Wood is a fine pass protector. He didn’t allow a single sack this season and his 98.5 Pass Blocking Efficiency was the 3rd-highest at his position. But he also earned the fourth-lowest run block grade of any center, and that has been a weakness in his game for most of his career. That’s a glaring problem for a player carrying the sixth-highest cap number at his position.

2013 Cap Hit: $5.1m
2013 Jahnke Value Model: $700k
Value Differential: -$4.4m

3. Stevie Johnson, Wide Receiver

In the past we’ve noted how Johnson’s unique abilities have allowed him to rise above questionable quarterbacking, but not so this season. Blame it on his injuries, his quarterback’s injuries, or perhaps less freedom in Doug Marrone’s offense, but he just wasn’t nearly as productive as in years past. After averaging 138 targets, 1,041 yards and 1.89 Yards Per Route Run in his previous three seasons, he had just 95 targets, 597 yards and 1.55 YPRR in 2013. Throw in the dropped passes that have plagued him for much of his career, and you’ll find a player who didn’t deserve to be the 15th-highest paid receiver in the league.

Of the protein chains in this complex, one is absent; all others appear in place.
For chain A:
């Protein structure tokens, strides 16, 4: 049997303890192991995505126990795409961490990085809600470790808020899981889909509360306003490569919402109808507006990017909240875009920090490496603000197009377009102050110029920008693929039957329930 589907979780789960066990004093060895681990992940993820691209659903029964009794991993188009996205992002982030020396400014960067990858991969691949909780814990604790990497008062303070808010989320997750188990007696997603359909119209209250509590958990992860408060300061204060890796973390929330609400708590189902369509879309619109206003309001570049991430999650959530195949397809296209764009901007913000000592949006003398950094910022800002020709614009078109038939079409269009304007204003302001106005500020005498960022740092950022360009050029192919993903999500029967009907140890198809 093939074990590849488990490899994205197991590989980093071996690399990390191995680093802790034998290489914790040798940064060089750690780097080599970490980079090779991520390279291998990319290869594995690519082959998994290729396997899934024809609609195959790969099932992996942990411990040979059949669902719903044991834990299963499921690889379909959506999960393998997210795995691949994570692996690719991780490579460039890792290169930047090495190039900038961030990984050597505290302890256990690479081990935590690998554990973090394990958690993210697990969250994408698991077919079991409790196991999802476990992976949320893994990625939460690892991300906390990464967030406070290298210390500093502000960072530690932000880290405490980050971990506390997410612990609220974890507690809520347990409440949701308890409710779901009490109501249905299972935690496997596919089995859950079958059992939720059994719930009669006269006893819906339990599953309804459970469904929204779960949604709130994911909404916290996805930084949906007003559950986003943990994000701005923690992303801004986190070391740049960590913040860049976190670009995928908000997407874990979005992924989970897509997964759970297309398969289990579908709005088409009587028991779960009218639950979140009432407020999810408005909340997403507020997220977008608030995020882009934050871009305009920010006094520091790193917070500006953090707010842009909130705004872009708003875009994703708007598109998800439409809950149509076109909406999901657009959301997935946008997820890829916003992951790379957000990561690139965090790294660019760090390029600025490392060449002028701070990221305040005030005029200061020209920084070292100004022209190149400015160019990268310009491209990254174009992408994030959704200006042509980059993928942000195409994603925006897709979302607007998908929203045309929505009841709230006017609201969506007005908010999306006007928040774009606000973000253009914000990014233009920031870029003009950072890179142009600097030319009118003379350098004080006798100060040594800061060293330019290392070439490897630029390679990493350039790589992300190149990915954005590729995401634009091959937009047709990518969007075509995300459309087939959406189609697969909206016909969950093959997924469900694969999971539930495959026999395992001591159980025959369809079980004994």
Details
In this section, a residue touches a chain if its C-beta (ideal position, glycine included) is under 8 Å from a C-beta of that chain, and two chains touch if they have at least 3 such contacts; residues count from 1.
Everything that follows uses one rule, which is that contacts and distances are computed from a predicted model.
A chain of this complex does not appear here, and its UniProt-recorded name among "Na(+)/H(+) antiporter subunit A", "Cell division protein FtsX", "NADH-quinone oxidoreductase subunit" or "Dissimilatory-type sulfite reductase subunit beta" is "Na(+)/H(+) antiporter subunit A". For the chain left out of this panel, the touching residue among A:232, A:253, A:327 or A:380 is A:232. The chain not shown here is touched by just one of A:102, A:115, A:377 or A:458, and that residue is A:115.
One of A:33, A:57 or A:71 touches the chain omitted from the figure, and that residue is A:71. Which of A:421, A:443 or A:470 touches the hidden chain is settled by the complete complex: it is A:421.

2013 Cap Hit: $5.7m
2013 Jahnke Value Model: $1.9m
Value Differential: -$3.8m

4. C.J. Spiller, HB – Cap: $3.7m, JVM: $600k, Value Differential: -$3.1m

5. Stephon Gilmore, CB*– Cap: $2.8m, JVM: $500k, Value Differential: $-2.3m

6. Scott Chandler, TE – Cap: $3.0m, JVM: $1.3m, Value Differential: -$1.7m

7. Alan Branch, DL – Cap: $3.8m, JVM: $2.2m, Value Differential: -$1.5m

8. E.J. Manuel, QB – Cap: $1.6m, JVM: $400k, Value Differential: -$1.2m

9. Jairus Byrd, S* – Cap: $6.9m, JVM: $6.0m, Value Differential: -$1.0m

10. Erik Pears, RT – Cap: $2.8m, JVM: $2.0m, Value Differential: -$800k

 

Summary – Team Value Differential: +$18.1m

Though it hasn’t translated to the win-loss column, the Bills have been a good drafting team in recent years. They have a solid crop of young and cheap talent, and don’t have any real albatross contracts sucking up their cap space. If E.J. Manuel can make strides in his second season, the Bills will certainly get an even bigger boost in next year’s JVM.

 

Follow Pete on Twitter: @PFF_Pete

  • Jeff

    I wonder how Pettine leaving the Bills will impact their defense. Sure Schwartz is no slouch as a defensive coach, but he is not in the same level as his predecessor. Would be interesting seeing the drop-off

    • Dexter_Morgan_II

      not at the same level? he has an outstanding and much longer track record. Pettine couldn’t structure his D to stop the run which is a Schwartz specialty. we shall see